After weeks of postponements and concerns from both sides of the aisle, the state Senate Finance, Ways & Means Committee voted Wednesday to substantially overhaul a contentious charter school bill.
The original plan laid out in Senate Bill 830, carried by Senate Education Committee Chair Dolores Gresham, R-Somerville, would have created a stand-alone, state-appointed board with the power to overrule local school systems who denied applications to open new charter schools. But after members of the Finance Committee raised questions about the roughly $240,000 price tag for the new board and the increased bureaucracy it would create, Gresham, with the help of committee member and Senate Majority Leader Mark Norris, introduced an amendment that would move the charter authorizer function under the state Board of Education.
The changes to the measure proved to be enough to sway all but one of the GOP committee members.
But Democrats, along with Maryville Republican Doug Overbey still didn’t lend their support. Outstanding concerns included the bill’s limited focus on counties that have struggling, “priority schools,” and the lack of any rules to make sure that new charter schools would be located in underserved neighborhoods and not more distant, well off communities.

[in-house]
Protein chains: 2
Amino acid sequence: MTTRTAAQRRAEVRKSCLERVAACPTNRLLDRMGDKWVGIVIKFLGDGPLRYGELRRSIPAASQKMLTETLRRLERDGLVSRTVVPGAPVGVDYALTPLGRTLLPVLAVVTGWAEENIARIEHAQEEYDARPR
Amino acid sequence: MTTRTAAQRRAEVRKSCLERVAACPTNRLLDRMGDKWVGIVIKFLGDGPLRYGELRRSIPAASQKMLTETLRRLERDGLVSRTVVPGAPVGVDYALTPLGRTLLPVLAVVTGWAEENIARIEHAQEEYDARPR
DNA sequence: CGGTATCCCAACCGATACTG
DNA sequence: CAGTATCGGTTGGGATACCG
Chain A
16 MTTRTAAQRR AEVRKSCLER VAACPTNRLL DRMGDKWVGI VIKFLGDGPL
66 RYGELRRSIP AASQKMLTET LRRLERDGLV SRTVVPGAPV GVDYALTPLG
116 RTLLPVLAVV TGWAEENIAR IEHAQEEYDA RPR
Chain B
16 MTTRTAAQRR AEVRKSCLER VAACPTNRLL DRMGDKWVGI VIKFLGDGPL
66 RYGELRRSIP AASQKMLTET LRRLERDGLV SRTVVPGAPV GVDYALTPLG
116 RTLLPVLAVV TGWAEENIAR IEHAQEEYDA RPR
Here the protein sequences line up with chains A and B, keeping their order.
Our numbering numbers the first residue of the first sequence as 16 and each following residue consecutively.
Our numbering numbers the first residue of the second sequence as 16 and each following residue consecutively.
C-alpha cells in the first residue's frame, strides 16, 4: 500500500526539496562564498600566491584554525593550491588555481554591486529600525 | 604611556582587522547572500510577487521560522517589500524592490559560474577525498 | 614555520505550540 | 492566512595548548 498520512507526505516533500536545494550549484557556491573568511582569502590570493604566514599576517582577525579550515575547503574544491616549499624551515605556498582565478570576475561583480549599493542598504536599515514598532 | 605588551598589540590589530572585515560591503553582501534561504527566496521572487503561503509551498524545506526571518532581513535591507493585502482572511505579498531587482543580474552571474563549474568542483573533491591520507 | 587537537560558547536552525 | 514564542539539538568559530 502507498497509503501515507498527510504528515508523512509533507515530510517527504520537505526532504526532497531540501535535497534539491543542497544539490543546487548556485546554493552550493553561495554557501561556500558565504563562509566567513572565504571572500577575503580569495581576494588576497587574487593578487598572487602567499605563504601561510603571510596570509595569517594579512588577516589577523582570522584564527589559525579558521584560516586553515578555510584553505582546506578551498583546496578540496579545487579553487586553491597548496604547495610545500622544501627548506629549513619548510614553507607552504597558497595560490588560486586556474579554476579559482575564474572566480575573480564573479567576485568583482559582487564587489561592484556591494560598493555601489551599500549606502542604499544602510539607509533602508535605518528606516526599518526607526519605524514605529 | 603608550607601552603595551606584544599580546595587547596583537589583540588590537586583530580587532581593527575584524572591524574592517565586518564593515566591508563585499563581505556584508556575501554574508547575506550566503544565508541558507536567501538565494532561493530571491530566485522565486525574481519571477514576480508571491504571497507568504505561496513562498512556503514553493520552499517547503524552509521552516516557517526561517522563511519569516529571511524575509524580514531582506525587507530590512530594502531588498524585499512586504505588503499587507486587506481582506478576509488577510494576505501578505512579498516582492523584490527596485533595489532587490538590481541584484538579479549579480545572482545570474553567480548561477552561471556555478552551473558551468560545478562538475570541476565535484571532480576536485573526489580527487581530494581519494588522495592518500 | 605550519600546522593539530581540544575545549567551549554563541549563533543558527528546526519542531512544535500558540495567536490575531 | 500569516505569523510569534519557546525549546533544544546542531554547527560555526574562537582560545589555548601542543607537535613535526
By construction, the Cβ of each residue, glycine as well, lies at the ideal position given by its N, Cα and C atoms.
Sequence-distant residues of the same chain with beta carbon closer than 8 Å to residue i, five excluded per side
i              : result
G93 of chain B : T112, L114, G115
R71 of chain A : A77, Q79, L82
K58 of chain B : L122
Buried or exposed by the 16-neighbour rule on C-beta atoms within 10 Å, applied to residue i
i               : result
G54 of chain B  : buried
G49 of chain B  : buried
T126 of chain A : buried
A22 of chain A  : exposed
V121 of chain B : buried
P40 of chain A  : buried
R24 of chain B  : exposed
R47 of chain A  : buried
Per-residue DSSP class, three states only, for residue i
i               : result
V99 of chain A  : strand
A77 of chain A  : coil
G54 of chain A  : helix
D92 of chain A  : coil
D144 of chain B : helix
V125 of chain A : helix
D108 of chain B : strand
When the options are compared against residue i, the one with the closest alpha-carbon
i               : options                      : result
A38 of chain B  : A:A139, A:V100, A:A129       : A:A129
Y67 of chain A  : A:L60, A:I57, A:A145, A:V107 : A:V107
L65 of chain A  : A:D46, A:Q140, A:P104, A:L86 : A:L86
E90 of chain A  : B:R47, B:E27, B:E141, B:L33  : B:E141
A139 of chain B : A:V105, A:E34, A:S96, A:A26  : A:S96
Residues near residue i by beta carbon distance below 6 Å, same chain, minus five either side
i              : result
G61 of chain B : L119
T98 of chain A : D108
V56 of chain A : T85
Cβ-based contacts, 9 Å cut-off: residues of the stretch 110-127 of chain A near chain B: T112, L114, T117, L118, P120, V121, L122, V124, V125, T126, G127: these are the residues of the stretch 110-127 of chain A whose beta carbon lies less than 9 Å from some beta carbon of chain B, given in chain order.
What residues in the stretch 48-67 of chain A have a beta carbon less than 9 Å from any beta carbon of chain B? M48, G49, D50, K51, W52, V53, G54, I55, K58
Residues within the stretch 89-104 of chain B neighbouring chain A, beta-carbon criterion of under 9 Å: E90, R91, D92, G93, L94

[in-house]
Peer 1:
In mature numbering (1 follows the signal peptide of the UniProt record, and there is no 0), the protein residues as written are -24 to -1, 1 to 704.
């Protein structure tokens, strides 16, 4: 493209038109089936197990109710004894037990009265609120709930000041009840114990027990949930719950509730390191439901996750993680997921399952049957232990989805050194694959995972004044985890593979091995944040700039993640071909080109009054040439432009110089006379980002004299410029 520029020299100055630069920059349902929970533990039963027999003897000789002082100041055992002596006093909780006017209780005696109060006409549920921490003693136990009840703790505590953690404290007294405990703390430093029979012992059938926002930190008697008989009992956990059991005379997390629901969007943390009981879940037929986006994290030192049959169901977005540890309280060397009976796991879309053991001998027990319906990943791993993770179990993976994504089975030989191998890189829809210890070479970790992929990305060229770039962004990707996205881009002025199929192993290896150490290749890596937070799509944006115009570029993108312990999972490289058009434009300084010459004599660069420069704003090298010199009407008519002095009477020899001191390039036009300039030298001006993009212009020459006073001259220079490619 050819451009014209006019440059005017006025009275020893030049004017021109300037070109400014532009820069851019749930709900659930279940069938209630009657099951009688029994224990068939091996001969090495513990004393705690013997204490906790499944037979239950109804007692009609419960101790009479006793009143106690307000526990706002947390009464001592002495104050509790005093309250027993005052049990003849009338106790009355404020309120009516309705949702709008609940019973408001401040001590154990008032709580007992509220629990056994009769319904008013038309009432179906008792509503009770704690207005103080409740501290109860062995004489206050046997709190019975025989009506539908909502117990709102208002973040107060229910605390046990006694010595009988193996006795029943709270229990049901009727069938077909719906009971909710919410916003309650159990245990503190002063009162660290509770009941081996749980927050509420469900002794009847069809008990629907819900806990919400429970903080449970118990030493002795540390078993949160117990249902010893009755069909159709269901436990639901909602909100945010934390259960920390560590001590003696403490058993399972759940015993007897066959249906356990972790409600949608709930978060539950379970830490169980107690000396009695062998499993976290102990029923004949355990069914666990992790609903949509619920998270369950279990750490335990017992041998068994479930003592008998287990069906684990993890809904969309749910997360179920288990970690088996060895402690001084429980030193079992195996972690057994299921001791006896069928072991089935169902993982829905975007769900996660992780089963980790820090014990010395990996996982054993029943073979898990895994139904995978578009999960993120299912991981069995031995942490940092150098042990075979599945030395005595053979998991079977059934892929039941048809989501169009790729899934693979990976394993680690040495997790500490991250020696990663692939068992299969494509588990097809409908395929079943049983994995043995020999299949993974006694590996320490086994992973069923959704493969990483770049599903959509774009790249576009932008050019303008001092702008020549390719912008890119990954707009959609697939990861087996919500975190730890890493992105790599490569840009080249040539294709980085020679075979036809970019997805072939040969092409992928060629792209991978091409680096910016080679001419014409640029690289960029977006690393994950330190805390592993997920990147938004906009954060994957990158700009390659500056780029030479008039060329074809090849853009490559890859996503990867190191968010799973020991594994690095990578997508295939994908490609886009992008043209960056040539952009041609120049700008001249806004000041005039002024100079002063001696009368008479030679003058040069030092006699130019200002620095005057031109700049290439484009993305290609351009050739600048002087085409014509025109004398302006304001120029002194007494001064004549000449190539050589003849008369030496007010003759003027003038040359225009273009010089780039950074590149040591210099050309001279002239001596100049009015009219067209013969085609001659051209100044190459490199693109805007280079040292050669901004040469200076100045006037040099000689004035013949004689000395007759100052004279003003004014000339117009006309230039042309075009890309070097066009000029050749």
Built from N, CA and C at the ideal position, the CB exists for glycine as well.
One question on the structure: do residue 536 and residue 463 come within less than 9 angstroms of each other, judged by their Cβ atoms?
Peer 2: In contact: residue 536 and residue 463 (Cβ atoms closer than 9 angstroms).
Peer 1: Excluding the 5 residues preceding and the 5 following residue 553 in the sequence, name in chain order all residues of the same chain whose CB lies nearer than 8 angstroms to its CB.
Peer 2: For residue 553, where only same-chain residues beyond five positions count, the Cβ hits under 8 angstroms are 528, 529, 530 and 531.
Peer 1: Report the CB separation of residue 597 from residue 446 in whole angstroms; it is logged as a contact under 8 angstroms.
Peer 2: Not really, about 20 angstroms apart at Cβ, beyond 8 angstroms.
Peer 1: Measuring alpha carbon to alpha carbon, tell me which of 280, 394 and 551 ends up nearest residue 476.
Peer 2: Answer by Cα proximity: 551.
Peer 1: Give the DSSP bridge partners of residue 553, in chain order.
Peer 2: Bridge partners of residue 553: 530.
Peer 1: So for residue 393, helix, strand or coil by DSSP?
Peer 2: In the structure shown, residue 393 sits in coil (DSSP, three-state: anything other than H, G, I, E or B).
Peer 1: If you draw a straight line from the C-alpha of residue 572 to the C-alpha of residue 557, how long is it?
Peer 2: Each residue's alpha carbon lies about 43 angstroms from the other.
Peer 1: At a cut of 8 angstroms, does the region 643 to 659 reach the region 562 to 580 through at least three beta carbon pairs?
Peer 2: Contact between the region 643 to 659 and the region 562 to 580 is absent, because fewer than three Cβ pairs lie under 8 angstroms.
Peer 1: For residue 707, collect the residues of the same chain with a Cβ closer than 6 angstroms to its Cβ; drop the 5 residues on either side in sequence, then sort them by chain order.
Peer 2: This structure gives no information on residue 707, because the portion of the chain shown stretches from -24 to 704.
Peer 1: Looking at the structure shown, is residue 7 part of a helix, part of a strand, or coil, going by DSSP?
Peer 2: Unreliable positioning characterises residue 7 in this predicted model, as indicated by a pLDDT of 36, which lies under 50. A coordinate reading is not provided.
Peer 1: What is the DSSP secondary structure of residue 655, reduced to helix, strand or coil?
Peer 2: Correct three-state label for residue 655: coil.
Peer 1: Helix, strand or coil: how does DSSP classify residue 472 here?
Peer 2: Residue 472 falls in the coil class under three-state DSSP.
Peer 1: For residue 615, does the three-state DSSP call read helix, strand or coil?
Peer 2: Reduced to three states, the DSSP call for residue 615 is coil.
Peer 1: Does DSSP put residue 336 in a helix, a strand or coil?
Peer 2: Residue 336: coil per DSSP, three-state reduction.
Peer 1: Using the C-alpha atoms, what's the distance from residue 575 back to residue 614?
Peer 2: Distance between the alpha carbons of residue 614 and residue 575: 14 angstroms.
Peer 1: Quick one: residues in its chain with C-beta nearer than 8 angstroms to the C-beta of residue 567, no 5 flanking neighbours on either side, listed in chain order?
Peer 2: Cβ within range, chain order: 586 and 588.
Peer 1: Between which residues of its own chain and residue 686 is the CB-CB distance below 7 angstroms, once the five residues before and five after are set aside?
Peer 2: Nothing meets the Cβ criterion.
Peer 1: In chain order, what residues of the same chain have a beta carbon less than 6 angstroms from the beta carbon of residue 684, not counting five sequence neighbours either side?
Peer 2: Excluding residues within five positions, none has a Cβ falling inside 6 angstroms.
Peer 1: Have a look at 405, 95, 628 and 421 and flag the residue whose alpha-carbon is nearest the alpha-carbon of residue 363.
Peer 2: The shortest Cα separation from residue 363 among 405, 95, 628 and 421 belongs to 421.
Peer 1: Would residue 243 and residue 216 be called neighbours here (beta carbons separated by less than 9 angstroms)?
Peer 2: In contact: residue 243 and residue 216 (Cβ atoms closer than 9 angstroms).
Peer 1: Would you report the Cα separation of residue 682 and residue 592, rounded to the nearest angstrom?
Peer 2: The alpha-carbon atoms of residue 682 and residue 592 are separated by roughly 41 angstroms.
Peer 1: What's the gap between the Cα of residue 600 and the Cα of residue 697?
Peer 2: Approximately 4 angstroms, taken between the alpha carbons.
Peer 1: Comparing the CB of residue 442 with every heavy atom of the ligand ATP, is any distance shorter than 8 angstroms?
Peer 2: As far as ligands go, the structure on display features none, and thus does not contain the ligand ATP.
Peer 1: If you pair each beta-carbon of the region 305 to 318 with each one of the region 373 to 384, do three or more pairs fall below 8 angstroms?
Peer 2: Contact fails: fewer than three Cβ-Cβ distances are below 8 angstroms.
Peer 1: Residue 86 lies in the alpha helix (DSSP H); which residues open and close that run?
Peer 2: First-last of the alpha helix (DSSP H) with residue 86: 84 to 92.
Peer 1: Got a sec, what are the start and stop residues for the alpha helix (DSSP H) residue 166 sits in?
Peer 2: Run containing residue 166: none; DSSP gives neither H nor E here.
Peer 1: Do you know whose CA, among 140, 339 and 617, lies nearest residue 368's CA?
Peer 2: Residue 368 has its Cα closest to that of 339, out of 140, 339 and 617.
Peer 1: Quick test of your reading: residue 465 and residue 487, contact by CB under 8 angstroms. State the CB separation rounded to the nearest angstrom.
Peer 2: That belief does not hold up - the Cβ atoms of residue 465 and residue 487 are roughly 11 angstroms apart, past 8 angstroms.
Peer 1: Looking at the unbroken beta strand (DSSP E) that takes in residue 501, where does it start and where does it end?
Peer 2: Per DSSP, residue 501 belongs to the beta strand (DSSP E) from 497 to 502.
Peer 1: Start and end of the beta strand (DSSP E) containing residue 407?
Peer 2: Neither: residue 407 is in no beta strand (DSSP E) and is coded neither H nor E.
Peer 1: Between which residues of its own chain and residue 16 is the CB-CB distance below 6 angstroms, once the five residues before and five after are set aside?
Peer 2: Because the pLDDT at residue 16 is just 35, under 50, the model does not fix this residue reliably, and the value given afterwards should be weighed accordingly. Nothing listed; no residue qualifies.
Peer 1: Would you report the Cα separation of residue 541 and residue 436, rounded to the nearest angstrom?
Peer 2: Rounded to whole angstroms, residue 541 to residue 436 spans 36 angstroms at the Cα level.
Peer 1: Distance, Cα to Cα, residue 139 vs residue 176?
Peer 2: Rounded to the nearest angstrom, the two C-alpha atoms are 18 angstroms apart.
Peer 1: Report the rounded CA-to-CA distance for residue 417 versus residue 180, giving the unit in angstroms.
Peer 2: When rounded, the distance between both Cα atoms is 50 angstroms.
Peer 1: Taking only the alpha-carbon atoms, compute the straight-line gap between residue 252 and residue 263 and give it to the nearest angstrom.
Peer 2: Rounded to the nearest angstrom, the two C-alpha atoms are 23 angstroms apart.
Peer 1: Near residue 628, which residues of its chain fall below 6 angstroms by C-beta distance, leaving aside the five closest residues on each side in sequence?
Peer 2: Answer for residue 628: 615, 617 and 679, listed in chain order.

While Gresham ultimately managed to prevail and push the changes through, she was less than cheerful, heatedly telling reporters after the vote that the concerns raised by opponents during the hour-plus of discussion on the bill were outmoded.
“I think what you heard a lot of was people talking about a system of education that is an old way of looking at things. We have to be, at all times, focused on children… We’re not here to preserve a system that serves adults,” Gresham said. She added that, while not perfect, the amended legislation is “a way to get there, it’s another tool to get there and we are going to get there…as long as you focus on children and not yourself.”
The House was scheduled to vote on their version of the bill earlier in the day, Wednesday, but they put it off, presumably to see how the Senate committee acted. Given the lack of opposition the legislation has seen so far in the lower chamber and the blessing of high ranking Republicans on the Senate Finance Committee, it appears likely that the GOP supermajority probably has the votes to bat the bill home.